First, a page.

Saturday, August 11, 2012

Use Literature to Teach Emerging Readers



Brian Wildsmith was raised in a small mining village in Yorkshire, England, where, he says, "Everything was gray.  There wasn't any color.  It was all up to my imagination.  I had to draw in my head..."




Wow! I splashed a few examples up of what Wildsmith's imagination, drawing, creativity and talent led to... lucky us! to have his wonderful books to read to children.

Authors of children's literature have so much to teach.  Below are a few FAQs from Brian Wildsmith's web page...but take a 'look' for yourself. You will be impressed with the animals he draws and the vibrant colors he uses.  He is so talented!  Do you have any Brian Wildsmith books in your classroom library?

Include Wildsmith's books in your farm or animal unit of study.  They will keep your kids learning and reading.  He has the magic to invite the children into reading.
There is an art museum in Japan displaying Wildsmith's wonderful work...

a message from Wildsmith
The arts have always held a high place in Japanese life. Their love of beauty, and wonder of the world around them has been constantly passed on to their children in a never ending circle.  My life has been dedicated to producing picture books for children, which I hope reflect this love, helping them to observe, comprehend and appreciate the wondrous world that they have been born into.  I want to help them climb the mountain of life and reach the peak of enlightenment and fulfillment. This is the basic right of every child born on the earth.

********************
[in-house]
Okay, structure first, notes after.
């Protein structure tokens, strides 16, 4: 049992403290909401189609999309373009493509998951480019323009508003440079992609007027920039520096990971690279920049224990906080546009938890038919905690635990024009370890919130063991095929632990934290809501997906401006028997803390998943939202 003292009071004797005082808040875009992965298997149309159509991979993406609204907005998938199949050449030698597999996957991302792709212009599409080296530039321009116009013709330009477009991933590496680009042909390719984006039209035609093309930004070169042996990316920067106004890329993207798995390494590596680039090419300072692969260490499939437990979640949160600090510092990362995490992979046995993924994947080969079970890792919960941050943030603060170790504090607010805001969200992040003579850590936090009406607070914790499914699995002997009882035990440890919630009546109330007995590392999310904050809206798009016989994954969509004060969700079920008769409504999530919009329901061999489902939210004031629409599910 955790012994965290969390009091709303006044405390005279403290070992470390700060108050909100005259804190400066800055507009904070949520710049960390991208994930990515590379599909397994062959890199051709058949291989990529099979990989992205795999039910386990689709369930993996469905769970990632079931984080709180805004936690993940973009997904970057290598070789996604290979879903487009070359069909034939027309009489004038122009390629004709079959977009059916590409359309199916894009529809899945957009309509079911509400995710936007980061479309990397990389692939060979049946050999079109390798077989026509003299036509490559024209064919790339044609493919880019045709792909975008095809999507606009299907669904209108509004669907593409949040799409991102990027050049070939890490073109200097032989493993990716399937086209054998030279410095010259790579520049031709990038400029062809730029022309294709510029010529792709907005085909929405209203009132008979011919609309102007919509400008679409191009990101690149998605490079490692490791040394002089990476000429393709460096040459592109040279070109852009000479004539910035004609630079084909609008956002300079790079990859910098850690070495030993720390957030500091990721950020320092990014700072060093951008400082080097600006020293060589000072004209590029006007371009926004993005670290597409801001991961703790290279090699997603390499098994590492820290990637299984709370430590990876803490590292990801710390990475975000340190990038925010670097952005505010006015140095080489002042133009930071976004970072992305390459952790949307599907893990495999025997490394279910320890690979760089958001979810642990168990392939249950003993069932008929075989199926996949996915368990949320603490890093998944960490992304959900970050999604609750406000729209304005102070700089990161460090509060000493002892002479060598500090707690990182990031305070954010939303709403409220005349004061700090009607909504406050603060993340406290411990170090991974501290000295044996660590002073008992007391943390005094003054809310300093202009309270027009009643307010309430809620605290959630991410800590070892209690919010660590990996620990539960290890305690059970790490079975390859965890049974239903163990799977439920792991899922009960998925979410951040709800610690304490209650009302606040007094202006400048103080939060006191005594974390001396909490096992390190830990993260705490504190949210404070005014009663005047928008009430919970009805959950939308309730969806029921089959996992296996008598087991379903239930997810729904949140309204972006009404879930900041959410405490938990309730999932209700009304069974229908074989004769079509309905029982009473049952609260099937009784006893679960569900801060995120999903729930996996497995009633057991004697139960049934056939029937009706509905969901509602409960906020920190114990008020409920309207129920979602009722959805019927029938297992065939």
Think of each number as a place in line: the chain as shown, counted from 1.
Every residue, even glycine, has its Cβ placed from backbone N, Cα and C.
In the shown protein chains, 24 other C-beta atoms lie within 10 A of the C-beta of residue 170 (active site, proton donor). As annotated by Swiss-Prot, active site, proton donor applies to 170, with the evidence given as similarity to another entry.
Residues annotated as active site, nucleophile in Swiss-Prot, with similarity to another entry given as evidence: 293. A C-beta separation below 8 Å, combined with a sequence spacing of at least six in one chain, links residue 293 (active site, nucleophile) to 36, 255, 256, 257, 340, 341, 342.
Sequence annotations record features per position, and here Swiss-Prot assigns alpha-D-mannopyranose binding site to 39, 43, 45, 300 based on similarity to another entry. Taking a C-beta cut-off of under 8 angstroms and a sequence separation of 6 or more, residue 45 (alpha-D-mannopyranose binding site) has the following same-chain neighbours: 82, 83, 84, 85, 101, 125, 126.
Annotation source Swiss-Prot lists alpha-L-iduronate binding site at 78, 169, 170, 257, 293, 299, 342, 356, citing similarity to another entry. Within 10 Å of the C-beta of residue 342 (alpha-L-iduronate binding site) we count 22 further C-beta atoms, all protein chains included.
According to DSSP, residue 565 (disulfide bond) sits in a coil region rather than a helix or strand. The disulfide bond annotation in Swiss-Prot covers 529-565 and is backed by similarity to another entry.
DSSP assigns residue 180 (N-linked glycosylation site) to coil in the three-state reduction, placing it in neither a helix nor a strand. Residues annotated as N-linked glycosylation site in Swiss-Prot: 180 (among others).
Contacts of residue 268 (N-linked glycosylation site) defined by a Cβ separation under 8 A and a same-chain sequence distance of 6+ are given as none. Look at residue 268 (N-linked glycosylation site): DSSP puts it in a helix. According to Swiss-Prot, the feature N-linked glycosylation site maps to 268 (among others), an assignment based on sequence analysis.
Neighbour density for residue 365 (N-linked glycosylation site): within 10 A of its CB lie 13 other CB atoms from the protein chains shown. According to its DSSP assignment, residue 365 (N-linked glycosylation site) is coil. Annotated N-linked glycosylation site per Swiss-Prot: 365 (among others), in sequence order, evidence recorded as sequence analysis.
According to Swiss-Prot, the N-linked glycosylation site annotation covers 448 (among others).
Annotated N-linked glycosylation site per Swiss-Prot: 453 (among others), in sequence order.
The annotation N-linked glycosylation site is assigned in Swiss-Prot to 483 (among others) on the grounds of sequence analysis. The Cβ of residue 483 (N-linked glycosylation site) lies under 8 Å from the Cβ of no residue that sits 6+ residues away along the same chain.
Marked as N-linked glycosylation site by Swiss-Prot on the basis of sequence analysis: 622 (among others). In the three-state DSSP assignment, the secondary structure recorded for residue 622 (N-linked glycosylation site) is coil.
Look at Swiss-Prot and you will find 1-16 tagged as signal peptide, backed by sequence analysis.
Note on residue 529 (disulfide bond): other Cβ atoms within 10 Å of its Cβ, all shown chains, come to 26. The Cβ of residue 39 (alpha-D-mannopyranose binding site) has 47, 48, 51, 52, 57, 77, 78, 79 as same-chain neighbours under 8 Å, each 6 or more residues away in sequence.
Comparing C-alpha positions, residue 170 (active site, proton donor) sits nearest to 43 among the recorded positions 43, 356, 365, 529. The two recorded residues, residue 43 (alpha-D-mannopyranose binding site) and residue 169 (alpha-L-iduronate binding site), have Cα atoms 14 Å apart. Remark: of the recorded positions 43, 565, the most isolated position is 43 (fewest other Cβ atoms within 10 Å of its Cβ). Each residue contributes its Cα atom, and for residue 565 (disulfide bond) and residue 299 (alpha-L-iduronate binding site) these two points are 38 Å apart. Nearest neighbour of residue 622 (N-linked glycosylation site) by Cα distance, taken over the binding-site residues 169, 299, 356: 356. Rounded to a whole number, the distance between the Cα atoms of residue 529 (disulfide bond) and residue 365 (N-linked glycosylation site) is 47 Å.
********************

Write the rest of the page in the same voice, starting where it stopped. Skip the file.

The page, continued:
Wildsmith answers:
Why do you paint with so much detail in your illustrations?      
I believe children appreciate details as well as color. I want to help young people wonder at the world and to become close observers of the beauty and harmony in nature.

Many of your books involve animal characters. Why do you choose to paint and write about animals?

We once had a blind dog that was mothered by a neighborhood dog. I was quite impressed by this and learned that animals show a great deal of compassion for one another.  When I paint animals, I imagine them as a child would. I want children to make personal connections to the animals in my books.


Wake Up, Wake Up!  is one on Wildsmith's books written and illustrated by him and Rebecca Wildsmith.

The sun wakes up the rooster who crows and wakes up the goose who honks and wakes up the sheep who bleat and so on until all the farm animals wake the farmer who feeds them.  The children love this book and it is a favorite when studying the farm.  This book has repetitive text and pattern to help emerging readers.  It is a small book with delightful illustrations.

I created some writing pages and flashcards to use with this book, and you can find them 
HERE.
Vocabulary words are big and bold and easy to read.  You also create a matching activity using the pictures and words.  

Here are five more Wildsmith illustrations.  There are so many and I love them all!

   


Enjoy and remember to use great books and great authors to help you teach reading.